How to differentiate you as an amazing person from all the other people that have the same grades as you can be tricky.
Admissions tutors read hundreds if not thousands of UCAS forms, personal statements, every single year, and they have to turn them into piles. They have to put them into a ‘yes’ pile, a ‘no’ pile, and a ‘maybe’ pile. We want to make sure that yours goes into the ‘yes’ pile and not into the ‘no’ pile. So how do you make sure that your personal statement stands out as amazing?
When you're writing your personal statement, remember that it goes to lots of different places, not just one place, so don't start talking about how amazing this university is or how you've always wanted to study this part of the course, because you'll get immediately rejected by all of the other universities where that doesn’t apply. Then, if you don't get into the university that you started talking about, then we're in a little bit of a tricky situation. So, make sure your UCAS application, is general enough to cover everywhere you apply, but still talks about the course that you are applying for.
This is really complicated if you're applying for two different courses, if you are torn between two courses you should considers composite degrees like liberal arts or natural science. The majority of the time students are only going to be applying for one course at different universities. For example, biochemistry, there may be slight change into biomedical sciences or biochemistry with a year abroad, but for most of you are only going to be applying for one course. Start talking about why you want to do that course. Admissions tutors want people that are interested in studying that course. They don't want people turning up just because they think it's what they should be doing next. They want people that are interested in what they're going to be studying. When you're talking about why you're so interested in this course, you should have evidence of things that you've done to show that you're interested in. Have you read a number of books, or did you go to this exhibition or go to talk somewhere? What evidence do you have to show that you are an interested, hard-working, dedicated to your subjects? This is what the admission tutors are looking for. They do not just want blank slates that they can fill up with information. Don't go overbroad and list every single book you’ve ever read to show you’re interested in literature. Give them the really strong bits of information. Give them the bits that emphasize what your strengths are and what your achievements are. You need to keep it within the character limit, of course, but also keep it modest while showing how awesome you are. I know this is going to be hard. The admission tutors want to admit you. Now you need to let your personality shine through in your personal statement. It needs to be bubbling with everything that makes you awesome and amazing so that personal tutors really feel like they get to know you in your personal statement. When you're giving your evidence of things that make you fantastic, your strengths, your achievements, what makes you interested in the subject, make sure it is you, your voice coming across and your personality coming across as well. Do not make it dull, do not make it bland, do not make it something that somebody else could have written. Make sure it's personal to you. Let the personal tutors know how you are right for the course. When you are talking about what reading have your done, and don't just pick the best sellers. I was talking to someone that does economics admissions, and he said every single person raves on about how they've read Freakonomics, and that's boring. Even I’ve read it and I'm not doing economics at university. Talk about books that you've read that are maybe not the bestsellers or maybe from slightly less well-known authors. Maybe they were the ones that inspired you. If you haven't read any books yet, spend this weekend reading some books or doing something extra outside the course. What talks have you listened to, what podcasts, what exhibitions have you been to. This applies to basically every single course. You can find at least one book on every single course. Read it, hopefully you'll like it .If you don't like it, read another book. Find one that you do like. What have you done over and above your A-Levels that makes you right for the course? because university is hard. I talk about this big jump from GCSE to A-Level, and then there's another big jump from A-Level to university. You are expected to be a lot more independent. You have to prove to the admissions tutor that you are capable of being independent, and that you are starting to do it already by finding extra stuff outside the course that is going to enhance your subject knowledge. If you have a long-term plan, share that with the tutors. If you know that you want to go work in research, or you know you want to go and be a journalist in this newspaper or something, then tell the admissions tutors this. Say this in your personal statement. This is part of letting your personality shine through. It's parts of where you're going to be right for the course. It's parts of how you're going to be independent and dedicated.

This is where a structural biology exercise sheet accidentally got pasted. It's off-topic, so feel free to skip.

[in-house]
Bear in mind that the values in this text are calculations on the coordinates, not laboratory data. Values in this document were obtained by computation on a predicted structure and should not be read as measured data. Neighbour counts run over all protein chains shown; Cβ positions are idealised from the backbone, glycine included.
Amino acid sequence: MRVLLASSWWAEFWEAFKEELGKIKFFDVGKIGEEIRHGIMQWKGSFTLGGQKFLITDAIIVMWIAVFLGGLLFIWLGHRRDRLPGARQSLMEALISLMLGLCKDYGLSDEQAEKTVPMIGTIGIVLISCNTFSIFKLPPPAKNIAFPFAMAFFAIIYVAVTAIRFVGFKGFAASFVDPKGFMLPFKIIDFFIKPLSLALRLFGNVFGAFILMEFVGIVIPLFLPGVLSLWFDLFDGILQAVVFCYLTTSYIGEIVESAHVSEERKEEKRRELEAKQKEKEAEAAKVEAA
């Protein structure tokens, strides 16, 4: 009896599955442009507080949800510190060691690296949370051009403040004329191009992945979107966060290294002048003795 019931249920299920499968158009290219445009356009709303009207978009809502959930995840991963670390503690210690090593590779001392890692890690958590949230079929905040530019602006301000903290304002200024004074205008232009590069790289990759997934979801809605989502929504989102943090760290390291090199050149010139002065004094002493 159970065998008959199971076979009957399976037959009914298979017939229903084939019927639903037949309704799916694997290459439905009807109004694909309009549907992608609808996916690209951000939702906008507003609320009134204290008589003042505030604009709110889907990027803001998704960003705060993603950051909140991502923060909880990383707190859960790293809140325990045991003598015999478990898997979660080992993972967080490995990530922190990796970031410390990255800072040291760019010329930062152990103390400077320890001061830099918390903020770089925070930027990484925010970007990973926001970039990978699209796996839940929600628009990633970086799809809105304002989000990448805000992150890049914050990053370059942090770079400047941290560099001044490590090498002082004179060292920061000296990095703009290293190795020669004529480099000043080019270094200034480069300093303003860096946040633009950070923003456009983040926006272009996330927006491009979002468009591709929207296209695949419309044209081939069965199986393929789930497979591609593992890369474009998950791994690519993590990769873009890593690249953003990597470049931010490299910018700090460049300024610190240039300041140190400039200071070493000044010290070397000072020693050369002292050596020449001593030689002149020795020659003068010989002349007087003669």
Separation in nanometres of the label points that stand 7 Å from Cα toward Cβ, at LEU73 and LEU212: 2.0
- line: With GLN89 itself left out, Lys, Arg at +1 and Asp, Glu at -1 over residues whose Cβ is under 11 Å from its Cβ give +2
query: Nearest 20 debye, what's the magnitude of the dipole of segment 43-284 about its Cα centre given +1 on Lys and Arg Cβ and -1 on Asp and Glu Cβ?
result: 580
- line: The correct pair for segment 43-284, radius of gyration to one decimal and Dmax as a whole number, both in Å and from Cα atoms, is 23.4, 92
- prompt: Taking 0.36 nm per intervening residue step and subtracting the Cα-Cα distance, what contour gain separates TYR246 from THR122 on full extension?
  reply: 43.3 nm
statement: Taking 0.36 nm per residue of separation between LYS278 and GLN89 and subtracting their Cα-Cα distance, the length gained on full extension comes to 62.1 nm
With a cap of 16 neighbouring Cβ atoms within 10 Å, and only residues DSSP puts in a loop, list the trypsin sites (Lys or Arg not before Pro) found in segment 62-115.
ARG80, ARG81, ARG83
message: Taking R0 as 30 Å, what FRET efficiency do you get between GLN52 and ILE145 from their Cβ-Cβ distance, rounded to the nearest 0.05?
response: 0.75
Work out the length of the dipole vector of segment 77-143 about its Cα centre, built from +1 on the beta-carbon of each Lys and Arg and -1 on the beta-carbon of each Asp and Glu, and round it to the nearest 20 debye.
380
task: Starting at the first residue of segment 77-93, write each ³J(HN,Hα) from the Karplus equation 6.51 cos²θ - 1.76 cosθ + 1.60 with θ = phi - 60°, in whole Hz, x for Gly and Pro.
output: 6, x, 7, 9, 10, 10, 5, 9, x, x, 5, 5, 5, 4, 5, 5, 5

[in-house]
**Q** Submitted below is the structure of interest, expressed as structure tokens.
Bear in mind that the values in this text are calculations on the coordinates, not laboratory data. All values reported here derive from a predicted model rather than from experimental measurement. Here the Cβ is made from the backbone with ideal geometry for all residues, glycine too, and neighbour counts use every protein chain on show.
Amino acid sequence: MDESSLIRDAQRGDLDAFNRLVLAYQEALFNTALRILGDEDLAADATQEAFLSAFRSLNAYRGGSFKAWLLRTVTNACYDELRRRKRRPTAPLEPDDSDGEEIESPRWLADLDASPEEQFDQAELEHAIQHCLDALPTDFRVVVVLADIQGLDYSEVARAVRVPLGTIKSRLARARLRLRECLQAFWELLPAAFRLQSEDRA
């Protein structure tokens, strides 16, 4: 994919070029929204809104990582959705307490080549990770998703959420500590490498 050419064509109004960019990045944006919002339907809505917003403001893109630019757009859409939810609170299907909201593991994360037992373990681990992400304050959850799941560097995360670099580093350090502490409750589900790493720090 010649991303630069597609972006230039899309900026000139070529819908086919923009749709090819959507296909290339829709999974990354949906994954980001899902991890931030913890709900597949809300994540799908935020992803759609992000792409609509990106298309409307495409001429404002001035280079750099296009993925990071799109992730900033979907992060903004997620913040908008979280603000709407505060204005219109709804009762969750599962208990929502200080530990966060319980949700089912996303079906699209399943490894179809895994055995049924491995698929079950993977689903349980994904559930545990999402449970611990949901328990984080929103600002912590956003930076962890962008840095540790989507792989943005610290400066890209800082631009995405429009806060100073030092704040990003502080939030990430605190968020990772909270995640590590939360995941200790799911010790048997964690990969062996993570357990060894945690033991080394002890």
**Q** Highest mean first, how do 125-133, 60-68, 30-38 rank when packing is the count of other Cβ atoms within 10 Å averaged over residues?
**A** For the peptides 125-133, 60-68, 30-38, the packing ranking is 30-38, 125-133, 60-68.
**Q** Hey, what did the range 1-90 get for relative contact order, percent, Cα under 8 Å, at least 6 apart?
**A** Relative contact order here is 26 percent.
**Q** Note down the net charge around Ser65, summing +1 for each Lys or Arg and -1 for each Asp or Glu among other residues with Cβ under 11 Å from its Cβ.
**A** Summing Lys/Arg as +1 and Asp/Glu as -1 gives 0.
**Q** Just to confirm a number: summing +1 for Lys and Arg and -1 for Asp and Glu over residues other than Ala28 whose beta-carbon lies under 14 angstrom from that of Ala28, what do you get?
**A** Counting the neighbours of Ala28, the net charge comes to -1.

For your personal statement, you have xxxx characters. Way back when, when I did mine, what you had to do was type out on a bit of paper, and then, you'd have to take your bit of paper, and your paper UCAS form, down to the nice lady in the photocopying room, and then you'd spend five minutes trying to photocopy your personal statement, so it fit exactly in the box on the UCAS form. It was a bit of a nightmare, but I still remember all these years later, totally how traumatic it is. These days, obviously, it's all done on computer which is a lot easier. You do not want to cram as much stuff in there as possible because admissions tutors are going to be reading a lot. You want to make it nice and easy for them to read, so you need to consider paragraphs. You need to consider lines in between paragraphs as well. That's just going to make it a little bit easier. It's making it look nicer. Go back and read your UCAS form on the UCAS website because some special characters, some formatting doesn't copy and paste across from Word, it's important that you check it looks okay on the UCAS website as well as on Word.